If we’re being fair, it took a lot more than one man to turn the Golden State Warriors into a dynasty. The Warriors are playing in the NBA Finals for the sixth time in the last eight years because of shrewd team-building, excellent coaching, and contributions big and small from a variety of players since their first title run in 2015. The Warriors wouldn’t be the Warriors without Klay Thompson’s sharpshooting, Draymond Green’s brilliant defense, Andre Iguodala’s versatility, or Steve Kerr’s annual ability to craft masterful systems on both ends of the floor.
The Warriors didn’t need Kevin Durant to win a championship or set a record for regular season success, but his arrival in 2017 changed their legacy forever. The Warriors were once the greatest example of building through the draft since the Jordan Bulls. Suddenly they also became the most ferocious example of big market free agent excess to date. So much has changed since the Warriors first emerged into a championship caliber team, but there’s one constant who has acted as the proverbial rising tide to lift all boats.
The Warriors as we know them always existed first and foremost because of the singular talents of Stephen Curry. The Warriors as they are today would have been dead long ago if it wasn’t for Curry’s star continuing unabated.
The Warriors tied the 2022 NBA Finals by beating the Boston Celtics, 107-97, on the road in Game 4 to knot the series at 2-2. For most of the night, the Warriors looked old and washed. Boston has been the bigger and more athletic team since the series began, and their dominant defense had confounded Golden State in the halfcourt in every matchup. Golden State has only been able to compete for one reason, and that’s Curry. In Game 4, he had one of the greatest performances of his legendary career: 43 points, 10 rebounds, and four assists on 14-of-26 shooting overall and 7-of-14 shooting from three-point range.
This was the one of the best players in league history proving he’s still capable of hitting peak levels to change the complexion of a championship series. It was a treat to watch.
This was Curry greatness as we’ve always known it. He hopped into transition threes, unleashed nasty step-backs, beat his defender to the rim for layups, put in circus and-ones, buried shots after running off screens, and confidently launched triples coming downhill off a ball screen. It’s a package that’s unique to Curry within league history because no one has ever shot the ball this well or commanded the opposing defense’s attention 30-feet from the basket to such a degree.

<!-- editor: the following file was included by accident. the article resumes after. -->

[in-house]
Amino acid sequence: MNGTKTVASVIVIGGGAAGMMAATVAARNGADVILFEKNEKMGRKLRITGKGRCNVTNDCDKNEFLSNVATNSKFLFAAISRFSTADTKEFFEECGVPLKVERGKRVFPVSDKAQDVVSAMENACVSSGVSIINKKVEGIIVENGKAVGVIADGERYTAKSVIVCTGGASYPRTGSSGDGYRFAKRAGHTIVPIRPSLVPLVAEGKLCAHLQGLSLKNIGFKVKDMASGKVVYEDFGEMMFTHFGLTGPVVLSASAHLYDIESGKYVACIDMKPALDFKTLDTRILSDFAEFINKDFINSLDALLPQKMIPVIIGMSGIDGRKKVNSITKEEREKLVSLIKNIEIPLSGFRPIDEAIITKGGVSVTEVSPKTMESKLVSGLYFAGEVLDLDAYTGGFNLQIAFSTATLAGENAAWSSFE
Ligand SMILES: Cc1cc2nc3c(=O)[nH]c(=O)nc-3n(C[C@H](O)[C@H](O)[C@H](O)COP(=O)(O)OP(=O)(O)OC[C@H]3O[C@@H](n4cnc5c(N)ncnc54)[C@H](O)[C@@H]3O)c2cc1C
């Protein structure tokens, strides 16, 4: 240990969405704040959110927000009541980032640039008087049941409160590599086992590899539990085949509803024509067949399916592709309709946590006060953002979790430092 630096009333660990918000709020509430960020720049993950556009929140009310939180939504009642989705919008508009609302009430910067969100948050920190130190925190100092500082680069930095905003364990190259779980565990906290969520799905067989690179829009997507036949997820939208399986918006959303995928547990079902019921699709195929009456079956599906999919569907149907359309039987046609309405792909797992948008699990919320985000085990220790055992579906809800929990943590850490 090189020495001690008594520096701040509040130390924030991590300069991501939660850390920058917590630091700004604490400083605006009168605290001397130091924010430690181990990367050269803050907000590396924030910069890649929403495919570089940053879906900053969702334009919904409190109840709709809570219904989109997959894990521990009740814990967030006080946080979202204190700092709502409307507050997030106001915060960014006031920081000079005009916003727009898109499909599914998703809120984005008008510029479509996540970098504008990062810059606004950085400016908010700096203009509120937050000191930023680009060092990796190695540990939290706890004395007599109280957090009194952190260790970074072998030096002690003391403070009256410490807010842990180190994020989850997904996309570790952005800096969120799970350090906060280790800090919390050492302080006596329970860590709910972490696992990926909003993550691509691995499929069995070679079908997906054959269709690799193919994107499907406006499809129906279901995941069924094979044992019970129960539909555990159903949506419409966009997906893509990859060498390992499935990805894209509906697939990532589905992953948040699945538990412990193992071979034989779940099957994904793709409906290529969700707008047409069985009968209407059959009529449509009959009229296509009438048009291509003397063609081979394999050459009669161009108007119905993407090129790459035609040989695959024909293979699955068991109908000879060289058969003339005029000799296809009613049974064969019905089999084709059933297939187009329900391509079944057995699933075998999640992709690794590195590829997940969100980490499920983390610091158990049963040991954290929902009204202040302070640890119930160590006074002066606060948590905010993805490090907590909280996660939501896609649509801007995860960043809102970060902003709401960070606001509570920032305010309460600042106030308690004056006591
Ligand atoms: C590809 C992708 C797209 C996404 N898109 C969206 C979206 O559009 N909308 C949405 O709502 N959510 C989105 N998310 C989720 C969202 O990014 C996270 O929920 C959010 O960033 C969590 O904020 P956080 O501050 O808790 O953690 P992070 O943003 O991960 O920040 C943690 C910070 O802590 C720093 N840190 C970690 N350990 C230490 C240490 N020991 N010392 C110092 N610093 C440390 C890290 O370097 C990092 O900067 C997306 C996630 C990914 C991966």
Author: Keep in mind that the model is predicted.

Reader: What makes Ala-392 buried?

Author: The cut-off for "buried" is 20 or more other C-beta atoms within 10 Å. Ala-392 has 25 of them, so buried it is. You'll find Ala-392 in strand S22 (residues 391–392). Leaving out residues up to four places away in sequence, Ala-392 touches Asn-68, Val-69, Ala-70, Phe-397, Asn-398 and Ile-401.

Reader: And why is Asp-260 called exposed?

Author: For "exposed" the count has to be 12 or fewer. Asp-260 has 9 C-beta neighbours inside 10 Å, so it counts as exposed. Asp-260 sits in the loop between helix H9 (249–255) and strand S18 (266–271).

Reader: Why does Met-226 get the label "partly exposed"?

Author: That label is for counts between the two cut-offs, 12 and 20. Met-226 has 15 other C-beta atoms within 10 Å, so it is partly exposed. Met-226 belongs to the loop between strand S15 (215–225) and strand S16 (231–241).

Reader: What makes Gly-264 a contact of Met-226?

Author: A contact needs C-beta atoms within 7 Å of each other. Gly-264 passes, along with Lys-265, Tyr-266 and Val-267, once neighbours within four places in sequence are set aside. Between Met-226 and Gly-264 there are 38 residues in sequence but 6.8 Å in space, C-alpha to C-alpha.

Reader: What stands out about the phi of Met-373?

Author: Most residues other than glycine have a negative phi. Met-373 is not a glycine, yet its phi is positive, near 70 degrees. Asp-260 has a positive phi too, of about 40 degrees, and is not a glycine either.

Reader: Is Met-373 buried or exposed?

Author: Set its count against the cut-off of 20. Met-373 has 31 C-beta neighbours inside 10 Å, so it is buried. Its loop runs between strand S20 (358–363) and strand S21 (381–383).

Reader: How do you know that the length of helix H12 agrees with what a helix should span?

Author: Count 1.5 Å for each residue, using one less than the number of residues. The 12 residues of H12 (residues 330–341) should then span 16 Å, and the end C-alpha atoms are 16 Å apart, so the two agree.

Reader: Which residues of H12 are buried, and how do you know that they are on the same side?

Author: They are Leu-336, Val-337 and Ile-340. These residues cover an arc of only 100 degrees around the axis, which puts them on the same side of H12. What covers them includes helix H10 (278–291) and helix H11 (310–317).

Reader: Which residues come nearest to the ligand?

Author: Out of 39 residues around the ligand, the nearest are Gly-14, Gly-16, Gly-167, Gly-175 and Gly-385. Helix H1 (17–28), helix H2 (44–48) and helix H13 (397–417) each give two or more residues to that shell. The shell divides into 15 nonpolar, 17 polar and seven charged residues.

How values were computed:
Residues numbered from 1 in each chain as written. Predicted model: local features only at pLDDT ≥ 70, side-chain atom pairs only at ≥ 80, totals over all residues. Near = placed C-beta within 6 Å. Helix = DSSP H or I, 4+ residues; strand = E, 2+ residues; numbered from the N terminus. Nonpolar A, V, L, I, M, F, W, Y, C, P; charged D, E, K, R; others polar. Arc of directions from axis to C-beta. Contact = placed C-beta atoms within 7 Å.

At 34 years old, Curry has lost a step from the version of himself that became the league’s first ever unanimous MVP in 2016, but the all-time greats have a way of reaching back for their fastball when really need it, even after it should be gone for any mortal player. Curry is not mortal: beyond obviously being the greatest shooter ever, he also has a case as the best point guard ever, the best offensive player ever, and one of the most influential players ever.
Curry doesn’t have a Finals MVP to his name despite three championship rings, but he doesn’t need it to be one of the 10 greatest players in league history. Curry has been the best player in this series to such a significant degree that he has a strong case for MVP even if the Celtics win. Through four games, he’s averaging 34.3 points, 6.3 rebounds, 3.8 assists while shooting 50 percent from the floor, 49 percent from three, and 86 percent from the line. No one else in this series is in his orbit. Without Curry, the Warriors simply wouldn’t be able to compete, and that says more about Golden State than it does about Boston.
Down 2-1 in the Finals, on the road against a raucous crowd, on a night when no other Warrior could reliably create a shot themselves, Curry delivered one of the best games of his career.
The Warriors are only here because of Steph. The NBA Finals are tied despite Boston having advantages all over the court. There isn’t much doubt over the first four games of the series that the Celtics are the better team. Unfortunately for them, the Warriors still have Stephen Curry. As long as that’s the case, Golden State’s dynasty has the chance to keep going.